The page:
TV Tropes Org

Forums

On-Topic Conversations:
Questions about Programming
search forum titles
google site search
Kickstarter Message
TV Tropes Needs Your Help
X
Big things are happening on TV Tropes! New admins, new designs, fewer ads, mobile versions, beta testing opportunities, thematic discovery engine, fun trope tools and toys, and much more - Learn how to help here and discuss here.
View Kickstarter Project
Total posts: [31]  1
2

Questions about Programming:

Try thinking of it like this: when you want to learn a foreign language, you can either pick French, Spanish, etc and learn it, or you can learn Latin, which won't let you speak a modern language, but will make it vastly easier to learn those languages later. Learning C++ or Java will let you program in C++ or Java. Learning to program in general will make it a lot easier to learn C++, or Java, or whatever.
I came across that theory when perusing constructed languages, but can't find the name for it. Makes sense.

Oh, get a good freeware text editor like Notepad++, if you won't be working in a commercial development environment. Syntax highlighting is one of the best tools available to make sure you aren't doing goofy stuff.
I already have Notepad++ luckily. I spent a few days learning C++, but I found the tutorial to be...Idk, I just didn't like it. I need to try again with something else.

Just try this. It's easy, nothing to install. Then come back and report.
Trying it now.

edited 2nd Jun '11 1:09:50 PM by ViralLamb

Power corrupts. Knowledge is Power. Study hard. Be evil.
As for where to begin... I cannot recommend The Structure and Interpretation of Computer Programs strongly enough.

Hm, the book looks a bit old, is that a problem? Otherwise, I really like the writing. Seems like a book I can get into.

edited 2nd Jun '11 5:31:29 PM by ViralLamb

Power corrupts. Knowledge is Power. Study hard. Be evil.
victorinox243
Punch cards, baby. Punch cards.

 29 Tzetze, Thu, 2nd Jun '11 5:40:44 PM from a converted church in Venice, Italy
DUMB
Hm, the book looks a bit old, is that a problem?

No, not really; Scheme is still used (in fact the community's been flamewarring over the new standard, not that that's important), the math hasn't changed, and you can't do most of it in newer languages anyway.
Ok, problems with SICP....I can't get that MIT/GNU thing to work. Also, they don't support versions older then Windows XP, so is that problem? Do I have to get an older version of the language, or does Scheme not really change in all this time?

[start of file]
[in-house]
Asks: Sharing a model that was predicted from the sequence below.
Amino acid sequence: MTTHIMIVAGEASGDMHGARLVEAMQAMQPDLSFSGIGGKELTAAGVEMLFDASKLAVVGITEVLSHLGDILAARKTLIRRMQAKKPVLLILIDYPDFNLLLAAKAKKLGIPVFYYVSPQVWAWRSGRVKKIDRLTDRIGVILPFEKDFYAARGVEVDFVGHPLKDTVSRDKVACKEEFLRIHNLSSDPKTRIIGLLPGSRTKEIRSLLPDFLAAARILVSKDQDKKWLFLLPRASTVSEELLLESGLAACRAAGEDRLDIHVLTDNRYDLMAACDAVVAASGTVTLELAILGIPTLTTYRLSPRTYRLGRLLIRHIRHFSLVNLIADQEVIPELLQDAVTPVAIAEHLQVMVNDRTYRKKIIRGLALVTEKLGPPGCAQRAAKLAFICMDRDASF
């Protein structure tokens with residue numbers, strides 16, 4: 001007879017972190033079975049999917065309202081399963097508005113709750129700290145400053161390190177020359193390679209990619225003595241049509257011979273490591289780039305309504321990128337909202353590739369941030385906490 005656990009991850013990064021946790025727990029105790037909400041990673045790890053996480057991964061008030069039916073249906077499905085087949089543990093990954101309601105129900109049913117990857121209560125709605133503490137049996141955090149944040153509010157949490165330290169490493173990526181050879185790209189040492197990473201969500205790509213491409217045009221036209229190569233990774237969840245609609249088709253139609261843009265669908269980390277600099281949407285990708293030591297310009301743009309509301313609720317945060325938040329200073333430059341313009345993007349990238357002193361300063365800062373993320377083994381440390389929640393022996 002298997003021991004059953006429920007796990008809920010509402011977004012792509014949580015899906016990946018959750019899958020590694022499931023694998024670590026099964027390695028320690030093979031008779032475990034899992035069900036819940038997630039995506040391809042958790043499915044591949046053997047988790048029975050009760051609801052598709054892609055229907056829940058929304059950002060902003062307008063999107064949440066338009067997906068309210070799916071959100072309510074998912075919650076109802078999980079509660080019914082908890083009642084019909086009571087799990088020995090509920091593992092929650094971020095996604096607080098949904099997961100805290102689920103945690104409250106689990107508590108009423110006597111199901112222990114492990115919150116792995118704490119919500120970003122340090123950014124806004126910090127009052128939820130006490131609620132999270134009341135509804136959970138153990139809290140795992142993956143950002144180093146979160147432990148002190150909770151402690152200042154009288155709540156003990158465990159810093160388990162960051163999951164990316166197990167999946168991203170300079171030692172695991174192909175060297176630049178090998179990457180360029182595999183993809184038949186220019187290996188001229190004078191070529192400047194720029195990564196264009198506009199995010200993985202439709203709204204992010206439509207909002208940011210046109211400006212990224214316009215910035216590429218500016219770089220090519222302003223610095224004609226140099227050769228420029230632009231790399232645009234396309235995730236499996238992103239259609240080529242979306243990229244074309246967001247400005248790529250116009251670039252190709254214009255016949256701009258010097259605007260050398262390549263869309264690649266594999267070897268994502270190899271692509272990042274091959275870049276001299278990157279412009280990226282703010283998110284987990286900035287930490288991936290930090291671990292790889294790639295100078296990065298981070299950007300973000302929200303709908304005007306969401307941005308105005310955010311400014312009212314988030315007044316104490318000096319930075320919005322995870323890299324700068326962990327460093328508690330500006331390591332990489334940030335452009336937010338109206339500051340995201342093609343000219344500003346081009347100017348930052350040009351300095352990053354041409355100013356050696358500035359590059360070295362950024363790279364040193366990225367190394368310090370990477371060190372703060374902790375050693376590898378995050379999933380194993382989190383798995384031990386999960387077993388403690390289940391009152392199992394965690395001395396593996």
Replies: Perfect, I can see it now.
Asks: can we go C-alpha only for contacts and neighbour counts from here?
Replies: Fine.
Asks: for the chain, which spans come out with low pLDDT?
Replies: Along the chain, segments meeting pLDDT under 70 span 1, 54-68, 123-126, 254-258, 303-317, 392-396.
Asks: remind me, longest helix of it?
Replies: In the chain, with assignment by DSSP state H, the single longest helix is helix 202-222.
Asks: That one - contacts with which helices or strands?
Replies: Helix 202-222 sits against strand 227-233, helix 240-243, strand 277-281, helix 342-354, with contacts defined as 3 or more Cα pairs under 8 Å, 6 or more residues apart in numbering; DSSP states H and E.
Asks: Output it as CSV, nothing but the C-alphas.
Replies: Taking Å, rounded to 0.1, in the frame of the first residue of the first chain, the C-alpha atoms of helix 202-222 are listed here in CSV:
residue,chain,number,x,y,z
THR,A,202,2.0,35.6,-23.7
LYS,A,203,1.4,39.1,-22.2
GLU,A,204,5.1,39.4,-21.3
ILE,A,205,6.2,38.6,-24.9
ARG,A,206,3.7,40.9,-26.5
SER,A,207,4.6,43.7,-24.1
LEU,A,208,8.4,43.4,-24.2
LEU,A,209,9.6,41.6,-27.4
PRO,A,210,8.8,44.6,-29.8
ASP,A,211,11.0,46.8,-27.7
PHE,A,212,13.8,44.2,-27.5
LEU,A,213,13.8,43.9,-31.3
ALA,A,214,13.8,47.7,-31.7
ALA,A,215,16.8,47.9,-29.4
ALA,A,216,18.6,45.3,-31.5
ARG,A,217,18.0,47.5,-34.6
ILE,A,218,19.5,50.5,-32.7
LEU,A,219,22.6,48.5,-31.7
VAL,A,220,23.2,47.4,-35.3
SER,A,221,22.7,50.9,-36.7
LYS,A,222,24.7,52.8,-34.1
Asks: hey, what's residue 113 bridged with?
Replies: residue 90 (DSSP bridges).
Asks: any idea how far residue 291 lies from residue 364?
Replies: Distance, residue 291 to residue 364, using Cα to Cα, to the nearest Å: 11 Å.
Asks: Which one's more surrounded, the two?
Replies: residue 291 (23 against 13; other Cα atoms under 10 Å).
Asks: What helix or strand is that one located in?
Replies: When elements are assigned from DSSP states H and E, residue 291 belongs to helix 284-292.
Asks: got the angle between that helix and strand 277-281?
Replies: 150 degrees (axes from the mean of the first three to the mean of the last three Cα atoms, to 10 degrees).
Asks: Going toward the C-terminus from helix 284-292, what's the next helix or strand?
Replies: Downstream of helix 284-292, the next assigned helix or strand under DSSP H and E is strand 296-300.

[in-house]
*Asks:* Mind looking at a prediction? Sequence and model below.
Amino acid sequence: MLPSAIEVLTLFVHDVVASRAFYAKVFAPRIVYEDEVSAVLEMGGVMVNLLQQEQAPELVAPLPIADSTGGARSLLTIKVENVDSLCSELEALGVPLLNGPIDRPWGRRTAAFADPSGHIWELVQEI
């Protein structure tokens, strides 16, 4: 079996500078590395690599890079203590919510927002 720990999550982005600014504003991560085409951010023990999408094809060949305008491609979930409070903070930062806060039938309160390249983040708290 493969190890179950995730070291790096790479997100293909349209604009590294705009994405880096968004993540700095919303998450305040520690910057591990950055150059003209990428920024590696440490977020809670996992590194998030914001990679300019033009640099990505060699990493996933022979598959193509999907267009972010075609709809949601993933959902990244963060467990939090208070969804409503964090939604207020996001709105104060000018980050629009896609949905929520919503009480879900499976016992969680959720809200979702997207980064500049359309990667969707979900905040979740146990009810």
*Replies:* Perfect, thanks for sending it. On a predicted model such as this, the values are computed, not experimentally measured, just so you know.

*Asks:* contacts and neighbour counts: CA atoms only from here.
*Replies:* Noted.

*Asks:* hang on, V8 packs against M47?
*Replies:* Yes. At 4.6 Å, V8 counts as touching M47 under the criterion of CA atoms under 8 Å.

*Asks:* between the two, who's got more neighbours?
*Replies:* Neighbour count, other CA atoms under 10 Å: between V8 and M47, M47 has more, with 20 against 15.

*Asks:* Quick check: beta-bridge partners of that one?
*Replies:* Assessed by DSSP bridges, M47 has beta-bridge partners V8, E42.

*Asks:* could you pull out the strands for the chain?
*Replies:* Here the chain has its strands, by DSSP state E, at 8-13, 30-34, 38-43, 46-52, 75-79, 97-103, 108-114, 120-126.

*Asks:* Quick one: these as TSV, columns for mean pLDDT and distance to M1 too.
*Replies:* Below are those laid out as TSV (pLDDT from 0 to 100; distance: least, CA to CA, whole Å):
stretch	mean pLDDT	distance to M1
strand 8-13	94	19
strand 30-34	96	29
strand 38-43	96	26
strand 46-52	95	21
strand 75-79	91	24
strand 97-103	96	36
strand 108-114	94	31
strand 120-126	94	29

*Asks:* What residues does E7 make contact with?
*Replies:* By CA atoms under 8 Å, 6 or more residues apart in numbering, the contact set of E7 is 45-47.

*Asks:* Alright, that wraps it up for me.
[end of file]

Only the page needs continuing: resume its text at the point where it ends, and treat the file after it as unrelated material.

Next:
Also, why does the book talk about NONE of this? Doesn't tell you what you need, doesn't suggest anything. Just "Scheme", that's it. Nothing the internet can't solve, so that doesn't really matter I suppose. The book doesn't seem to assume you don't know shit. Intended?

edited 3rd Jun '11 1:59:34 AM by ViralLamb

Power corrupts. Knowledge is Power. Study hard. Be evil.
 31 Jinren, Fri, 3rd Jun '11 4:31:12 AM from beyond the Wall
Doesn't tell you what you need, doesn't suggest anything. Just "Scheme", that's it.

Yeah it more or less is intended. SICP is about as close as most books come to being that mythical "general-purpose" programming guide, so it's intentionally distanced from details like which implementation to use (also, it was originally a university textbook: your professor is probably expected to have handled this detail already).

On the plus side, this means you don't actually need to use MIT/GNU Scheme. Any reasonably standard Scheme will handle the examples pretty much the same way. My personal favourite is Gambit; another good option might be SISC, which you can play with in your browser.

These ones don't come with an editor, but Notepad++ has a Scheme language mode so you should be OK starting with that (most of the early exercises will only need the REPL anyway). Once you get onto larger things, I have found the SchemeWay plugin for Eclipse to be pretty good.

Do I have to get an older version of the language, or does Scheme not really change in all this time?

Scheme has changed, but not that much. The best version for use with SICP is R5RS, which is the most common version (all three named above implement that). R6RS is newer but that's the big flamewar-inducing change to the language mentioned previously. The only thing to be really worried about is whether an implementation has full conformance to the standard, because SICP will make heavy use of things like tail-calls and first-class continuations, that many implementations leave out because they're harder to implement correctly.

edited 3rd Jun '11 4:51:11 AM by Jinren

The system doesn't know you right now, so no post button for you.
You need to Get Known to get one of those.
Total posts: 31
 1
2


TV Tropes by TV Tropes Foundation, LLC is licensed under a Creative Commons Attribution-NonCommercial-ShareAlike 3.0 Unported License.
Permissions beyond the scope of this license may be available from thestaff@tvtropes.org.
Privacy Policy